Threat Vectors

See What Attackers Are Doing in Your Network
200

DAYS

According to many studies, attackers spend more than 200 days on average within the network.

The primary reason for this is because existing enterprise security solutions do not provide visibility into malicious behavior once a user has gained access to the enterprise network. Successfully using legitimate credentials to log into a resource is considered to be a normal behavior. Getting visibility becomes even more complex as the scale of network and the scale of data grows.

In other words, the entire “kill chain” threat model is flawed. The kill chain model assumes attacks are linear; that is, they start at a certain preliminary step and progress through all phases until the attacker’s objectives are accomplished. However, the kill chain does not relate to what insiders are doing in general, and more specifically, what anyone operating with legitimate credentials is doing.

That’s why Fortscale is focusing on four core threat vectors as the primary business use cases, covering malicious actions that can be done with user credentials.

Attacker’s Objective: Scan and gather information within the enterprise that can help promote the attack’s objectives

Internal reconnaissance

Attackers attempt to collect data to gain better information about the network through several means: attempts to identify other legitimate user accounts and validate multiple credentials; attempts to identify other devices or services; and attempts to collect and/or copy digital assets (files, certificates, database records, etc.). This behavior is typically characterized by:

  • Large volume of activity, especially unsuccessful login attempts;
  • Low and slow activity patterns (repetitive attempts to access the same or multiple resources until successful); or
  • Accessing unusual resources that were not previously accessed from a specific account or peer group

InternalReconnaissanceOnce the goals are met and the attacker holds the data gathered in the 1st scenario, there are multiple options of extracting this information. Typically, the data will be extracted over the network to a remote site controlled by the attacker. For example, by uploading the information to a Dropbox account, remotely connecting to an FTP server or sending an email to an unfamiliar target. This behavior will be characterized in anomalous volumes of activity and access attempts to unfamiliar assets, across anomalous geographic locations.

Attacker’s Objective: Obtain privileges and set mechanisms to ensure the continuity of the attack campaign

Establish persistence

Attackers will make attempts to maintain their existing footholds in your network, ensuring they can return and continue their operation until their goals are met. This can be achieved either with acquiring assets that enable repeating connections into the network or by setting backdoors on different assets.

EnterprisePersistence

For example, an attacker may create a new account on a target machine to make sure that even if the compromised account’s password is changed, he or she has the ability to reconnect. Another example: taking over a stale or unused account and accessing it using legitimate credentials from a new device, with the expectation of creating a new baseline of normal behavior.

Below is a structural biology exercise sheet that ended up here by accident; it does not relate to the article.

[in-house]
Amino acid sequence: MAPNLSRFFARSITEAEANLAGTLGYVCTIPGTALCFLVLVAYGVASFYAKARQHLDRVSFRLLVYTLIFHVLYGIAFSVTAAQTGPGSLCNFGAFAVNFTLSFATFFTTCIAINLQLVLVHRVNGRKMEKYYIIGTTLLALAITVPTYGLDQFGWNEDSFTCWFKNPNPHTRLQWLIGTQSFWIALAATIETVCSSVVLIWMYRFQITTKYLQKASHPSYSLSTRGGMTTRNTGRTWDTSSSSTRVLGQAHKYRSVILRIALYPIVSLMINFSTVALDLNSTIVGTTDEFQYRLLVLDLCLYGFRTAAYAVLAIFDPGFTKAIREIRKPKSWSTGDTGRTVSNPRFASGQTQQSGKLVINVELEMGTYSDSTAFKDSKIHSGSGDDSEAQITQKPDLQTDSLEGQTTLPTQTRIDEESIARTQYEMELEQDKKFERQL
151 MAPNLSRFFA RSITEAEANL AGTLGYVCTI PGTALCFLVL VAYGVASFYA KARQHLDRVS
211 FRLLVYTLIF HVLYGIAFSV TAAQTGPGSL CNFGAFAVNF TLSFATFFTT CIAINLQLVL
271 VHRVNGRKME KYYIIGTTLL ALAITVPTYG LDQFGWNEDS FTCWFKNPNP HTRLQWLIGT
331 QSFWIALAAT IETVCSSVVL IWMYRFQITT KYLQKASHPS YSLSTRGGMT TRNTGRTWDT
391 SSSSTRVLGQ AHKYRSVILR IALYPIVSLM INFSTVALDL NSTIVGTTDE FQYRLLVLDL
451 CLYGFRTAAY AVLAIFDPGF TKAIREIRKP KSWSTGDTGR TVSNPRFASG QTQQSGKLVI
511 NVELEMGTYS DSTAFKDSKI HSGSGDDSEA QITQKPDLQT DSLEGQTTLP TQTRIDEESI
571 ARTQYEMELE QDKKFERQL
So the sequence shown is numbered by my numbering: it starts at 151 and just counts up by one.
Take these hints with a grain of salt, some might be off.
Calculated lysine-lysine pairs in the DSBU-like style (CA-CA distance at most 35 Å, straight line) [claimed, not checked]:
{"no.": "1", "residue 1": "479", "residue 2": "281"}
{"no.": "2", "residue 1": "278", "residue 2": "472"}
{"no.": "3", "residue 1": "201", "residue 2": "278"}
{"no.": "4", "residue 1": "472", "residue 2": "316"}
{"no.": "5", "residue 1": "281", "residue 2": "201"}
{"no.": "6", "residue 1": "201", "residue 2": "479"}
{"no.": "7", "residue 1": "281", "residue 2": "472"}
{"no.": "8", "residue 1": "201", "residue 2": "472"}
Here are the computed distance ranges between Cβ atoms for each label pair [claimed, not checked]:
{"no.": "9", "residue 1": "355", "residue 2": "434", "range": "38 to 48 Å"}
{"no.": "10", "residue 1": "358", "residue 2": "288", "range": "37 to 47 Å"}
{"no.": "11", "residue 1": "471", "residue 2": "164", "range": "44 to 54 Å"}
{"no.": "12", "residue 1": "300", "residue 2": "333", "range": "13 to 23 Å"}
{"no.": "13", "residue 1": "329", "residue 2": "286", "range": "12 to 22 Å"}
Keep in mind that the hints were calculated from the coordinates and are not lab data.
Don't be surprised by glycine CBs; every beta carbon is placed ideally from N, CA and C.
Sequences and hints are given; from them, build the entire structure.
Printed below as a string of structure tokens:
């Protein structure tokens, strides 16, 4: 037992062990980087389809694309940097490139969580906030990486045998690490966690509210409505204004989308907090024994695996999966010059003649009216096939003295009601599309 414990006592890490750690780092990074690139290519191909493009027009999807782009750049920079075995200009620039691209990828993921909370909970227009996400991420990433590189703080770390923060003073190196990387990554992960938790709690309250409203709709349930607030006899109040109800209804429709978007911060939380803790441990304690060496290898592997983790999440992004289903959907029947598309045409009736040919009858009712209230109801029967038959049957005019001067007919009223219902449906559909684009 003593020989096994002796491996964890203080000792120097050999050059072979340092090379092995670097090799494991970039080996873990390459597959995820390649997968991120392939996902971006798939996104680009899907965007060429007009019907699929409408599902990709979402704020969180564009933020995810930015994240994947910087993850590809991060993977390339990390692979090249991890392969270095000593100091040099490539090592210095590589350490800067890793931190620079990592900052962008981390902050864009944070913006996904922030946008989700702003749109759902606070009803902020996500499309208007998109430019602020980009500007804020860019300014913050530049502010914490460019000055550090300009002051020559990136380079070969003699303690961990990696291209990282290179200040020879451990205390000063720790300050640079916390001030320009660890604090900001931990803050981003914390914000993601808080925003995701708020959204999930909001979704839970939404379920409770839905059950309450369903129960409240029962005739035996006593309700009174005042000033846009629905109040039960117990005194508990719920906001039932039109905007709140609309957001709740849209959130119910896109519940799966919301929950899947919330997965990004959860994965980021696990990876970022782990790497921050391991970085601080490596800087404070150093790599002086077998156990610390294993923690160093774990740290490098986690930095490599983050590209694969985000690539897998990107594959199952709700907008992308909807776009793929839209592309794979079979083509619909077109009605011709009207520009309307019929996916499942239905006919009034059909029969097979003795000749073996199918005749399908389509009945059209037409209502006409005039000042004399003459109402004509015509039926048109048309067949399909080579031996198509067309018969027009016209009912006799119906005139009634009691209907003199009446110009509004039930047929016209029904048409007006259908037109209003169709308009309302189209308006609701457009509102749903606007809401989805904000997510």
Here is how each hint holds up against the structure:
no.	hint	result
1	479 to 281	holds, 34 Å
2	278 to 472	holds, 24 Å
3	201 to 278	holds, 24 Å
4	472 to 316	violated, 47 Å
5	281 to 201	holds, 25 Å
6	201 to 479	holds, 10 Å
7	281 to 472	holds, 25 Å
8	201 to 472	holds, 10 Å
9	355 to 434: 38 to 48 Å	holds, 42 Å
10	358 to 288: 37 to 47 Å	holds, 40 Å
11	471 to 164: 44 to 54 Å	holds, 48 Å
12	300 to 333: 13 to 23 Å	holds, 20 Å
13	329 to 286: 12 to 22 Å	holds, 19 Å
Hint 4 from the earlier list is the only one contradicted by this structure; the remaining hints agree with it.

Attacker’s Objective: Proceed inside and outside the network toward the target resources that enable accomplishing the attack objectives by changing identities, elevating privileges, and gaining access to different assets and resources

Lateral movement

Attackers attempt to get better privileges to change their postures within the network: After acting under one identity as a specific user or from a specific device, the attacker now acts under a different identity. This is important because malicious parties are limited to what their sets of credentials enable them to do, and very often they will need to move around the network in order to proceed. This creates an opportunity for defenders to identify attackers at that very specific timeframe when a lateral movement occurs, which is key for detecting attacks against the enterprise.

ImpossibleJourney

Impossible journey is an example of lateral movement.

Lateral movement would typically be characterized by making:

  • Multiple successful connections from the same set of privileges from the same device
  • Hops between different areas in the network (remote access -> on-premise data center -> corporate network)
  • Hops between different devices (for example, first time that machine A is connecting to machine B)
  • First-time access to a specific account from a different asset

Attacker’s Objective: Extract the information gathered throughout the attack campaign outside the enterprise network

Data exfiltration and extraction

Once the attacker’s data-gathering goals are met, they have multiple options for extracting this information. Typically, the data will be extracted over the network to a remote site controlled by the attacker.

DataExfiltrationWithCopy

For example, attackers can upload the information to a Dropbox account, remotely connect to an FTP server, or send an email to an unfamiliar target. This behavior will be characterized by anomalous volumes of activity and access attempts to unfamiliar assets, across anomalous geographic locations.

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